And what I think is the biggest downside of this is that CRMs have really grown from something that would initially support decision making or work planning into something that is mostly in your way as a sales rep. It's mostly something that you have to do. Obviously, some tools help you do it faster, but it is disturbing your workflow. It has zero value. It doesn't get you anywhere; it doesn't get your customer anywhere. So this is where I see CRM today.
And now, how does this wave of real-time assistance and voice-enabled technology combine with CRMs? So number one, it will not replace CRMs. There will always be a good reason for CRMs. But the most valuable customer interactions are conversations. It's when you meet with your customers in a video call or the like. And real-time, voice-enabled assistant tools are able to support these meetings, keep them on track, capture all the information, and basically make things like note-taking, reminders, and follow-up tasks unnecessary because they take this out of the CRM world and take it to a real-time flow. So assistants like Ciara, are adding to the CRM in a way that they help manage the deal as long as the deal is on. But the CRM will still be good for storing data and certain reporting.
Why do you think now is the right time for sales teams to implement real-time voice-enabled software?
So first of all, I really think this emerging technology has come to a point where it is so powerful that you can reap the benefits. You know, there's been experimentation around voice technology probably for a decade, and if you remember the first voice-enabled tools, be it in your car or somewhere else, it was kind of fun checking them out, but you would usually get to the point of realizing they are just not getting the job done. This is different today. Today, voice technology is so strong that it really detects intent, it detects context, and transcribes on a basically perfect level.
And with the advance of that technology, the window of opportunity has opened up, and we see how companies start embracing it and seeing an immediate effect. Implementing such technology is not a big thing. It's basically not changing any process. You just need to give it to your sales team and let them do the job they've done before. The assistant will automatically help them by listening to what they are doing, nudging them on taking a deal in a certain direction, answering a question in a certain way, helping them document calls without wasting time on note-taking, etc. So it just makes total sense, and now is the right time.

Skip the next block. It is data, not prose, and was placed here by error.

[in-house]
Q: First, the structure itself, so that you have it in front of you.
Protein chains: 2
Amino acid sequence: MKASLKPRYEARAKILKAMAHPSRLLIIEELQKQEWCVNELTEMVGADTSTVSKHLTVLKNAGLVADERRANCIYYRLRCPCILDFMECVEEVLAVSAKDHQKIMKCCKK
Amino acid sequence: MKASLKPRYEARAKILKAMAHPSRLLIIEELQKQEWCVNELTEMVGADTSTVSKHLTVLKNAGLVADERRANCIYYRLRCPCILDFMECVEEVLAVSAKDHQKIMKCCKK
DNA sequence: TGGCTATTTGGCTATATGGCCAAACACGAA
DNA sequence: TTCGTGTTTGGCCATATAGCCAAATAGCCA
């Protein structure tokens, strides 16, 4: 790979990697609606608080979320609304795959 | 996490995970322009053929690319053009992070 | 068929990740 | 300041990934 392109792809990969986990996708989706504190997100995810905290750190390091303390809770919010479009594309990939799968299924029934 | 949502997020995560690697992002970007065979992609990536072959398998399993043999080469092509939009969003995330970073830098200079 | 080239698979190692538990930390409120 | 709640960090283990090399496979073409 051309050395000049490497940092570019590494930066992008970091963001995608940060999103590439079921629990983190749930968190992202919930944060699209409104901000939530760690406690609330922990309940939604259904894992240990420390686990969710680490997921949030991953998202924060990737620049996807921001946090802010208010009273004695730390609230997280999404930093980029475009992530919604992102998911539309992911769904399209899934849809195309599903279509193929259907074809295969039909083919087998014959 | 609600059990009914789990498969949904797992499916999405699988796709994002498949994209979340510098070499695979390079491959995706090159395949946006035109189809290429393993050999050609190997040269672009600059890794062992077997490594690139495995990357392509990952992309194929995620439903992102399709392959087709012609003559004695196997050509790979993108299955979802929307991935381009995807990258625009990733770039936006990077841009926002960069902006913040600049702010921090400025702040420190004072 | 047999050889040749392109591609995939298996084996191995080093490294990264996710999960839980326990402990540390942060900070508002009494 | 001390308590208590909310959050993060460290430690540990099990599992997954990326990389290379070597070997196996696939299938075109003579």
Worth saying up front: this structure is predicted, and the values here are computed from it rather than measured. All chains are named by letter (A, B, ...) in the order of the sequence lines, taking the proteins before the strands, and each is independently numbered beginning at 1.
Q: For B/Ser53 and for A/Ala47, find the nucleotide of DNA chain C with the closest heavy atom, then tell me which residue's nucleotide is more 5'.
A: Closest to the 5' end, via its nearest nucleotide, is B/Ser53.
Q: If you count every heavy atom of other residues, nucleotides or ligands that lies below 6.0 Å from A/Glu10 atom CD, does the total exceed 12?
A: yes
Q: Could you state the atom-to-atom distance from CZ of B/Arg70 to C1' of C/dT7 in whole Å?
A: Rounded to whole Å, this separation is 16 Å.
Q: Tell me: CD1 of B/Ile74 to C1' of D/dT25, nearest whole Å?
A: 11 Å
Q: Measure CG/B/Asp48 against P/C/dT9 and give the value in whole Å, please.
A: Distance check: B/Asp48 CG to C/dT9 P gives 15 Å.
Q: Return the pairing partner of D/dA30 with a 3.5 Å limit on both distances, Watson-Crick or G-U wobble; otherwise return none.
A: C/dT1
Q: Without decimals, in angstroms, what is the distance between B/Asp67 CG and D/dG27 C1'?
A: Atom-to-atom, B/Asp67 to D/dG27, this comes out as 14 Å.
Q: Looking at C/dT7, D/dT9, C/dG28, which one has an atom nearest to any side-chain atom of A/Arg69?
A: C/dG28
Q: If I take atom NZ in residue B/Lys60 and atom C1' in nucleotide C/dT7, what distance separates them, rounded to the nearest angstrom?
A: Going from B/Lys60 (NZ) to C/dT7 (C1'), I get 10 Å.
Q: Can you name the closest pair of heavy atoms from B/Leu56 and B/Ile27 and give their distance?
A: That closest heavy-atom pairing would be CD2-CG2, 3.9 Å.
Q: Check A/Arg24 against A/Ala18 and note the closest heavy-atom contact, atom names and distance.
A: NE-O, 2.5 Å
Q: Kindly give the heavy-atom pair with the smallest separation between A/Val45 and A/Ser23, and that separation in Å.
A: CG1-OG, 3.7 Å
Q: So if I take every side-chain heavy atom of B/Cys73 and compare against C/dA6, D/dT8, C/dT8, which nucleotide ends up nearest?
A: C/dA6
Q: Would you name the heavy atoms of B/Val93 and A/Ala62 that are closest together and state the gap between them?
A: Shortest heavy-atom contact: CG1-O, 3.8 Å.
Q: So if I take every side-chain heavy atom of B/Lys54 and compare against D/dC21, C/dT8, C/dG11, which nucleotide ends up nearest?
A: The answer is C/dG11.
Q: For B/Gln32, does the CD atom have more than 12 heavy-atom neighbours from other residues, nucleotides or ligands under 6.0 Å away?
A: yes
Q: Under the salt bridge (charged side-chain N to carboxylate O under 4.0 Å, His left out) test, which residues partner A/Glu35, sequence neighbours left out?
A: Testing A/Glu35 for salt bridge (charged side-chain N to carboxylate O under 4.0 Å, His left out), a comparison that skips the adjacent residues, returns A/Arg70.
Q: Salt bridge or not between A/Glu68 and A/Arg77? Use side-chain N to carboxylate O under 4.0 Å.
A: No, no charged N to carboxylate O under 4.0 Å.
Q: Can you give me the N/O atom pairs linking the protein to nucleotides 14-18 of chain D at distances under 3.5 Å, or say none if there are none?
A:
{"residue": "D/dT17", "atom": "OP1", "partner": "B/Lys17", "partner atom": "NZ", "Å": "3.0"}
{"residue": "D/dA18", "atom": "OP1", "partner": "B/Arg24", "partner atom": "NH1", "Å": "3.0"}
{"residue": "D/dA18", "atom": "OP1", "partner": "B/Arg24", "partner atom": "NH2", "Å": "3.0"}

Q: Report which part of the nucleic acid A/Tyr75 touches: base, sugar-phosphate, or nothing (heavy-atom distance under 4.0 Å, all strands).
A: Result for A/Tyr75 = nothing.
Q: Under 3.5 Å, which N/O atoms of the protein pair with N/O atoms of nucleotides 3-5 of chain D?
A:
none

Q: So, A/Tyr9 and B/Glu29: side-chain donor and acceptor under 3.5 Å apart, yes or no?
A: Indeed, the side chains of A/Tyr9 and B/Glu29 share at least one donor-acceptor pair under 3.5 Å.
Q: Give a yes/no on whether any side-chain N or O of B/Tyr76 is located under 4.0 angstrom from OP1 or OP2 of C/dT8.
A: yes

What's next on the horizon for Ciara?
So we are launching an improved version of the assistant this month, covering not only individual meetings but the entire deal process. So we started the Ciara assistant for mostly the sales development role, and it now evolves to support both SDRs and AEs, particularly the handover process. Ciara will now allow SDRs to start qualifying a lead and then bring in an AE to the same deal map in the Ciara assistant and let them take over the deal. So that is a big step for us on the product side.
On the market side, we see a growing interest of mainly software companies and other teams in this new kind of technology, and we're really busy working with them and getting them onboarded.
So for us, it's mostly about growth.
Thank you for the great insights! Do you have any tips and tricks as a closing remark you want to share?
My number one remark would be: ask the right questions! You've probably heard that before, and it seems to be easy, but it's actually really, really difficult. It even happens to me as someone who has been in sales for a long time- you lose a deal just because you missed asking a certain question, and you only realize when the deal is already lost.
So, be clear on what you need to understand your prospect and make a proper proposal. In B2B sales, it's not really about pitching. Customers are not looking to be pitched; they are looking to be understood. And they are looking for someone who really knows what's going on and who's able to help them. So be that consultant. Be that partner more than someone trying to sell as fast as possible.
Great, thank you so much, Martin! I guess that's a wrap!
Thank you, Veronika.